Imagine a couple is moving house, it’s an exciting time, they are able to upgrade and move to somewhere ‘better’. It has the potential to be an uplifting experience that brings them together. They are growing and progressing, they are now able to get the study they wanted or the garden. However, what is ‘better’ for partner A is not the same as for partner B. For partner A, ‘better’ means that the house needs to be in a central location, well connected with transport links, close access to facilities such as shops and schools. While for partner B, ‘better’ means that the house is in a quiet location, away from the hustle and bustle of daily life, a place where they can retreat to for peace and quiet. On the surface, this sounds like incompatibility, but with care and sensitivity, it can help the partners to understand each other more fully and has the possibility of bringing them closer together.
Understanding Other People’s Perspectives
It is so important to understand other people’s perspectives, but sometimes we do not take the time to do this. It is easy to think of things from our own perspective; it comes naturally, automatically and takes very little cognitive effort. Whilst understanding other people’s perspectives can be time consuming and at times challenging. It requires us to suspend our own particular beliefs and consider things that we may have disagreed with in the past, or even consider things that we have not heard of before. When hearing a perspective that is very different to our own we can feel vulnerable, it takes away the certainties that we thought we had. However, it is a very beneficial thing to do, it can actually expand our world and help us develop a stronger sense of connection with other people.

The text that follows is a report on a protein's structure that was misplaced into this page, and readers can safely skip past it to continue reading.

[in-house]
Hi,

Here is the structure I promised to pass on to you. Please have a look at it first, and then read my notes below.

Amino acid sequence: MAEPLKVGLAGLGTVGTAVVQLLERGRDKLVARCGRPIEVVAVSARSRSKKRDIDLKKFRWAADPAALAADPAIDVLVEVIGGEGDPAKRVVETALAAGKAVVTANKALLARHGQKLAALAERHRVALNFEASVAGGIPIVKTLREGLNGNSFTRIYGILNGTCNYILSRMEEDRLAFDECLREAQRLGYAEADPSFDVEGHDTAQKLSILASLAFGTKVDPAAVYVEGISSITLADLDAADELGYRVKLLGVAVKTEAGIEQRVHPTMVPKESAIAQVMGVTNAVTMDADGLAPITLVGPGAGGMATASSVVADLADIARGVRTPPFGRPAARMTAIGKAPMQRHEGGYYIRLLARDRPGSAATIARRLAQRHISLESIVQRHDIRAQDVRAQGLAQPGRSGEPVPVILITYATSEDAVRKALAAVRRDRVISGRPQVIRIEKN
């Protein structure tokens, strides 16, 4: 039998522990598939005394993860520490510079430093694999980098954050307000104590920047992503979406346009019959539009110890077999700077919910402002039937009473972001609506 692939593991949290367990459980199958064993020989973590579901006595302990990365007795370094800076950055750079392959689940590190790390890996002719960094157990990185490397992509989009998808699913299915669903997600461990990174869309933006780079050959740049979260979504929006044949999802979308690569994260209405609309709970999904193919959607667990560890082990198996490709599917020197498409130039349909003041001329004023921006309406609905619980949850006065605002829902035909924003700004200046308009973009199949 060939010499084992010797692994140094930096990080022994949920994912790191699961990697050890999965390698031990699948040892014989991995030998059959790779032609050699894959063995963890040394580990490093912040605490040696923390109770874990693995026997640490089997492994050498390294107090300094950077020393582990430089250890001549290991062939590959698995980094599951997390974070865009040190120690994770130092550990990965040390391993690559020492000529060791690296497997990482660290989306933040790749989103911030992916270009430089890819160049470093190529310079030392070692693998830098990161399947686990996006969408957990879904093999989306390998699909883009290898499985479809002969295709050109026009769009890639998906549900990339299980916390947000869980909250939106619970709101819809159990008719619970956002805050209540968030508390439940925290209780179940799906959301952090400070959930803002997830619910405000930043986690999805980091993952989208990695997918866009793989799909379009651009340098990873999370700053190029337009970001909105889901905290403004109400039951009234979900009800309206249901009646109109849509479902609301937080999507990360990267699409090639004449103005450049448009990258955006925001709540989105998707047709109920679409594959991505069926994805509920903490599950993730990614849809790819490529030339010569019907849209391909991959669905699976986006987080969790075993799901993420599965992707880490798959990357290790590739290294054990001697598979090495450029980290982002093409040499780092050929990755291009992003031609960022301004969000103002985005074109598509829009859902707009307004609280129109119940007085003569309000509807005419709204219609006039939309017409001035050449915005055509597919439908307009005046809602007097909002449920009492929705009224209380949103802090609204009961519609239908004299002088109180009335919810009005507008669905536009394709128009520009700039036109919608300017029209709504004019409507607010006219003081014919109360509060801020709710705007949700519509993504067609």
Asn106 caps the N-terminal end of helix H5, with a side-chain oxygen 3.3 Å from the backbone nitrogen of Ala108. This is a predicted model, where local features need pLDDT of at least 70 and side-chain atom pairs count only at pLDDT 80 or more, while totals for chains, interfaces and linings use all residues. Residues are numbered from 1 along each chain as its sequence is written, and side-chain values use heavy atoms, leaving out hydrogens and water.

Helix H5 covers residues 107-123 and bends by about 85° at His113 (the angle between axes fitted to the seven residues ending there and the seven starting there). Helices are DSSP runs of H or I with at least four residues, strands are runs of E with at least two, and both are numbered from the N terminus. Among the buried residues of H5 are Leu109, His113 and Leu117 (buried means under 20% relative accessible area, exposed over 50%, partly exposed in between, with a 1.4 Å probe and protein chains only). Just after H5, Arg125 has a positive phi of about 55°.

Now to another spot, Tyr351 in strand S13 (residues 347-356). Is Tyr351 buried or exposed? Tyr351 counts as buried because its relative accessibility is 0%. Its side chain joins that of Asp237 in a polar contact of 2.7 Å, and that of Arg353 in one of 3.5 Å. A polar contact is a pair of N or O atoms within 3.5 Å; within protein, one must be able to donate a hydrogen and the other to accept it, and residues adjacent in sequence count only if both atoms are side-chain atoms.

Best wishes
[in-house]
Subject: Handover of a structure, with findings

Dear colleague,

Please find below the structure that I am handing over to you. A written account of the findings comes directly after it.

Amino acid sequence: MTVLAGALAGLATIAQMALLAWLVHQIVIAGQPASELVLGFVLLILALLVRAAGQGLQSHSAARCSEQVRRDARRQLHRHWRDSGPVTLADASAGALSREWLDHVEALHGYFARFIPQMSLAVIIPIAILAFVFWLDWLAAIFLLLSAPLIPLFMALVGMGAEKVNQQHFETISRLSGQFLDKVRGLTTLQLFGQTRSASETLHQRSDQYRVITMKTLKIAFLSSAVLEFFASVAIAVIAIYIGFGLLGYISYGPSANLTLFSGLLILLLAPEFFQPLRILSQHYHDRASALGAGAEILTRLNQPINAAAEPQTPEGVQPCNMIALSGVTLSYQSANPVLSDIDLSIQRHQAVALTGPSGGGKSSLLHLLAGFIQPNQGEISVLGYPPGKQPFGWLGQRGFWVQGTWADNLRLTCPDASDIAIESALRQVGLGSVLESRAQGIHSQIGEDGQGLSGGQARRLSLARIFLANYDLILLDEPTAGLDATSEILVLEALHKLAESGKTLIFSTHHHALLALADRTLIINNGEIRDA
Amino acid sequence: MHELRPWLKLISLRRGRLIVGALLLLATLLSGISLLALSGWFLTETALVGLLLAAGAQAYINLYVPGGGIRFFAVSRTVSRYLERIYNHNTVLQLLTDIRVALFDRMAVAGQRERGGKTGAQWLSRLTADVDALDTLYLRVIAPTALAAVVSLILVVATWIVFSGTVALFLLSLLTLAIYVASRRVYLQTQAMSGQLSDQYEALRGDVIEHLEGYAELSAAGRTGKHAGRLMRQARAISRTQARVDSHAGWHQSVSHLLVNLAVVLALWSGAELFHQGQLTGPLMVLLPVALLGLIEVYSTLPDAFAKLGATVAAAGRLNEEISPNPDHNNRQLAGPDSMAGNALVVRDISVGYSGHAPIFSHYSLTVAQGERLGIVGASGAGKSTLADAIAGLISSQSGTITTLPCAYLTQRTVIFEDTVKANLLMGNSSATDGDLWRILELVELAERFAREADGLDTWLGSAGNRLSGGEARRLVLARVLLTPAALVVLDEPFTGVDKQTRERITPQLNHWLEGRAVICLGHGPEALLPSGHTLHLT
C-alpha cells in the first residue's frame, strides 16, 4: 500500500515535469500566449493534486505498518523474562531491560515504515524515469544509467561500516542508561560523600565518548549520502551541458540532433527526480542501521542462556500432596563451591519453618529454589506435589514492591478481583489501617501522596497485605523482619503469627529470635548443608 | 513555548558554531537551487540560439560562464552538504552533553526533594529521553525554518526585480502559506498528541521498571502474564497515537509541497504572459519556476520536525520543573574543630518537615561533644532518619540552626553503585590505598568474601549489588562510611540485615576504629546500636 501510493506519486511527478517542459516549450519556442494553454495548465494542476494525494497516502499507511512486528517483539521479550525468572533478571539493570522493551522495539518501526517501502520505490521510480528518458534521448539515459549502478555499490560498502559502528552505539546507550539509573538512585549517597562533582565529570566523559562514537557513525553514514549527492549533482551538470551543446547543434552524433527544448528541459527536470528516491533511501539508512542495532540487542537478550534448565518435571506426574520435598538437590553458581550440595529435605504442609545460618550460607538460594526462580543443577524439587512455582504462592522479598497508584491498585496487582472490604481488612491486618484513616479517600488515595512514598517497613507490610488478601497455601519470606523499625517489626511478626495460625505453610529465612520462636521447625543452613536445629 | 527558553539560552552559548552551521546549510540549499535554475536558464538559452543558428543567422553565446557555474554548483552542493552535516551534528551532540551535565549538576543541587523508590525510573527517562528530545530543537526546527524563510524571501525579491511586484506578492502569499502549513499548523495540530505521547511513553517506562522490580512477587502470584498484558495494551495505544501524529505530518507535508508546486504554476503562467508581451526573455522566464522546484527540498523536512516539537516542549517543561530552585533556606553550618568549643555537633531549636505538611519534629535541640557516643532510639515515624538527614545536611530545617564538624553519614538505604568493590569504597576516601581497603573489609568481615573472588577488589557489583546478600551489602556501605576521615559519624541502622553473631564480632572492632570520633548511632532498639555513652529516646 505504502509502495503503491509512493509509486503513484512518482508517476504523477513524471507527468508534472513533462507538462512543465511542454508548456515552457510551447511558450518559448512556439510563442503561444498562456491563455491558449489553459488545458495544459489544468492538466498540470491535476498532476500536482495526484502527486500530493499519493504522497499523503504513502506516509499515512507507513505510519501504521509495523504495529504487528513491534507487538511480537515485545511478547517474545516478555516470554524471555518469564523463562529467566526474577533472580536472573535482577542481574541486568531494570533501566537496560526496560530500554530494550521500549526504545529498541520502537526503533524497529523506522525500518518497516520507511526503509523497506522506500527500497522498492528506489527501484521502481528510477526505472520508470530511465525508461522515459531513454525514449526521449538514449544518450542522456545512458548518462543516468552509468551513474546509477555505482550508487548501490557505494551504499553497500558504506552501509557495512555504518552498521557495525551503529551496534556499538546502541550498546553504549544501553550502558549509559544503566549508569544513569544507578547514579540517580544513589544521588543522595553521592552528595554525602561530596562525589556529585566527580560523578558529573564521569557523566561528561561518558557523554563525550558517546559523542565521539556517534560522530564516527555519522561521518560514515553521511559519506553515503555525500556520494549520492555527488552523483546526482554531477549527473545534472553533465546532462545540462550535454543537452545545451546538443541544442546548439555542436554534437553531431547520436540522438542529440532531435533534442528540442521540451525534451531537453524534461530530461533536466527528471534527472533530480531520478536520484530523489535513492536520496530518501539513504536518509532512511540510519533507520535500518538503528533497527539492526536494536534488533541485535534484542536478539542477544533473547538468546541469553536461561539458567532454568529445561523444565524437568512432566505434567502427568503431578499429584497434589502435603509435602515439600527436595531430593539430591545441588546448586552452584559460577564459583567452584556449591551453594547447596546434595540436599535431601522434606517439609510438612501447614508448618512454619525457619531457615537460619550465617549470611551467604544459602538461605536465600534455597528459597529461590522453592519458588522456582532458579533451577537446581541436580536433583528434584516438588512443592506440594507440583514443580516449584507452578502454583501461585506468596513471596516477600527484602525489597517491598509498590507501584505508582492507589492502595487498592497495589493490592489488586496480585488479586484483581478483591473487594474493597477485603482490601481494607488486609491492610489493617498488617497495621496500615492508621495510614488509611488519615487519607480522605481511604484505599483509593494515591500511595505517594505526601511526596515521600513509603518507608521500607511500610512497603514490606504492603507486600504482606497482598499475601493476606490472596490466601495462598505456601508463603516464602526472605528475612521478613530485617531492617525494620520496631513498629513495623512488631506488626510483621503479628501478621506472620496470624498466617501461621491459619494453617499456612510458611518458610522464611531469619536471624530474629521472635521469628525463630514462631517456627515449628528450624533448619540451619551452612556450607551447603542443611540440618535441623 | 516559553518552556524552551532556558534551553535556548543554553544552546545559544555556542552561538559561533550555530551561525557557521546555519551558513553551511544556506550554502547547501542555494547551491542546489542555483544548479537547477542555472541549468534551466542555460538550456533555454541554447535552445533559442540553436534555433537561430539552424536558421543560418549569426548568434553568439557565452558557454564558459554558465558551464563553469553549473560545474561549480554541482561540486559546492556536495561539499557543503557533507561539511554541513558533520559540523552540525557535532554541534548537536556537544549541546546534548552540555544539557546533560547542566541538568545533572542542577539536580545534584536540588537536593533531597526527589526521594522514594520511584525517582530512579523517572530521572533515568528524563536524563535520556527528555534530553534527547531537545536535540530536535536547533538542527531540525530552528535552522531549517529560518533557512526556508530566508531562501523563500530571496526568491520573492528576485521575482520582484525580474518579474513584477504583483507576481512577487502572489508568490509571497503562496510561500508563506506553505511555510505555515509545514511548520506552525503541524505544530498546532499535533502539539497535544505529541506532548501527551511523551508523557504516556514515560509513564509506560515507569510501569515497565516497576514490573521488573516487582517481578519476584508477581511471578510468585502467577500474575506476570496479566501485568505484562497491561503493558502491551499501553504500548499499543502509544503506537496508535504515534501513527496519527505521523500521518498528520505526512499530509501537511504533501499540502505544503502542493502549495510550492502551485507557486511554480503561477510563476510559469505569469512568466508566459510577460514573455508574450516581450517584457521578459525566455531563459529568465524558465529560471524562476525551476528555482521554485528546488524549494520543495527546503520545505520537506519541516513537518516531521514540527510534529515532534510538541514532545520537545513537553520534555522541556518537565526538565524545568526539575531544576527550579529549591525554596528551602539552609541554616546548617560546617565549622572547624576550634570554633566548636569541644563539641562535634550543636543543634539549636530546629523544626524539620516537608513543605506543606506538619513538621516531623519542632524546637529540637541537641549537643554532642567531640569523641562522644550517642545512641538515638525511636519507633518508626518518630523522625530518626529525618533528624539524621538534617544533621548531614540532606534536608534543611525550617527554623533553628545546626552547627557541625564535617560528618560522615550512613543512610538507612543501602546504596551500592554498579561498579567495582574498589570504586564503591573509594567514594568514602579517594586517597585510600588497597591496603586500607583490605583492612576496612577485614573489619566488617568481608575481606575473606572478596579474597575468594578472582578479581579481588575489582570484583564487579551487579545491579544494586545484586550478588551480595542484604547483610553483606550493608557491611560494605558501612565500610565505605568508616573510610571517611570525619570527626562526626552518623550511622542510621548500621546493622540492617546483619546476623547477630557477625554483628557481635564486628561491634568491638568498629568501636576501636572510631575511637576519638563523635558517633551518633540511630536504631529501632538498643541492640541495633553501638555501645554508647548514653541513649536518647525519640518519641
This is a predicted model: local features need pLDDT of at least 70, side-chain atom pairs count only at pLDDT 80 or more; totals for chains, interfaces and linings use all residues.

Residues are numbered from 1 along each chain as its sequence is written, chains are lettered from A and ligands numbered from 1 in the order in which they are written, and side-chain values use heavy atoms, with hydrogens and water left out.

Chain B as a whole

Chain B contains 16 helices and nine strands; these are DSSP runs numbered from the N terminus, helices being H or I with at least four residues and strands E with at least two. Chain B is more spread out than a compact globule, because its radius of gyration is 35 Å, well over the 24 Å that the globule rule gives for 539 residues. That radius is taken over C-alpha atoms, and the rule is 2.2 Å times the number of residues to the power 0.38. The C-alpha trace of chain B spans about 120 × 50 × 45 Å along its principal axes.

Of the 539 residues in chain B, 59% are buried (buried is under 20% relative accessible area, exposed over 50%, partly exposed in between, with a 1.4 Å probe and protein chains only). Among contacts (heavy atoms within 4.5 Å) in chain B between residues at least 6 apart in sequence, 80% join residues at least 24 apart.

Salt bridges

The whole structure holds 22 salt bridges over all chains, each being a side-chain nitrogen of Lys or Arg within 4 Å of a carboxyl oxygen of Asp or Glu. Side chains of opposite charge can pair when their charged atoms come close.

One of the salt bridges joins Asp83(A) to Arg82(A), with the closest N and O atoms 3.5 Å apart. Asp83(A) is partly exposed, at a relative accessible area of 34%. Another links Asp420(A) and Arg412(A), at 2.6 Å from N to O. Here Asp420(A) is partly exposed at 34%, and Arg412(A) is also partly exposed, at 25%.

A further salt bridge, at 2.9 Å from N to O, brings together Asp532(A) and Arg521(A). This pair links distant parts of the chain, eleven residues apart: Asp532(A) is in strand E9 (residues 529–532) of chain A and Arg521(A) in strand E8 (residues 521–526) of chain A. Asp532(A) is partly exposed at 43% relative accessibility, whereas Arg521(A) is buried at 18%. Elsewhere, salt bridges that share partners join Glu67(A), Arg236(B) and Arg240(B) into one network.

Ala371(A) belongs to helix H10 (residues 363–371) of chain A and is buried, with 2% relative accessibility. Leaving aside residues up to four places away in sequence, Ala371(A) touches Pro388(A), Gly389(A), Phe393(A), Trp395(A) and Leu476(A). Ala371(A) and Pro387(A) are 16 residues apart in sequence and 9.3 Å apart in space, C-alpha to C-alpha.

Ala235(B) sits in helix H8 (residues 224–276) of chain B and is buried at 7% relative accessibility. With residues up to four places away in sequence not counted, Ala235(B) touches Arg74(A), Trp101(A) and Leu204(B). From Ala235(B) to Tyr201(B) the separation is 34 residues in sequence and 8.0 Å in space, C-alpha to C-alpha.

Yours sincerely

Active -Empathic Listening
To help bridge the gap between the needs of partners A and B, it is important for them to understand each other’s perspectives, including why they feel the way they do. Why is access to facilities important to one partner and a place a retreat is important for the other partner? What meanings do they attach to these things? How do these things make them feel?
To help them communicate and move forward they can use active -empathic listening. This uses the active listening skills of attentive listening and paraphrasing to reflect back what the other person has said in order to check understanding. However, with the empathic listening component, the listener expands their understanding by picking up on the emotional undertone of what is being said. They listen attentively, without judgement and allow their partner to fully explain their reasoning. They may help their partner expand their points by using phrases such as ‘How does that make you feel?’ As well as bringing out into the open the feelings each partner has about their housing preference, it can also uncover their motivations and each partner can begin to understand why things like good facilities or peace and quiet are important to each other.
This breaks down barriers and fosters a sense of connectedness between the partners. Active-empathic listening takes time to learn and requires practice. However, from the very first time you use it you will feel the benefits as the person you are talking to will feel truly listened to. That is one of the greatest gifts we can give to other people because we are giving them our time and our undivided attention.
So what happened to partner A and partner B, where did they move to? In a way that is unimportant, what is important is that wherever they went they felt more valued by their partner than before because their partner had taken time to show care, compassion and empathy.
When you are next in a conversation with someone and you know you are not going to be disturbed, take time to tune into their emotional undertone and notice the difference in your conversation. Let me know how you get on.
About the author: Bryony Shaw
‘We Are The Positive Psychology People’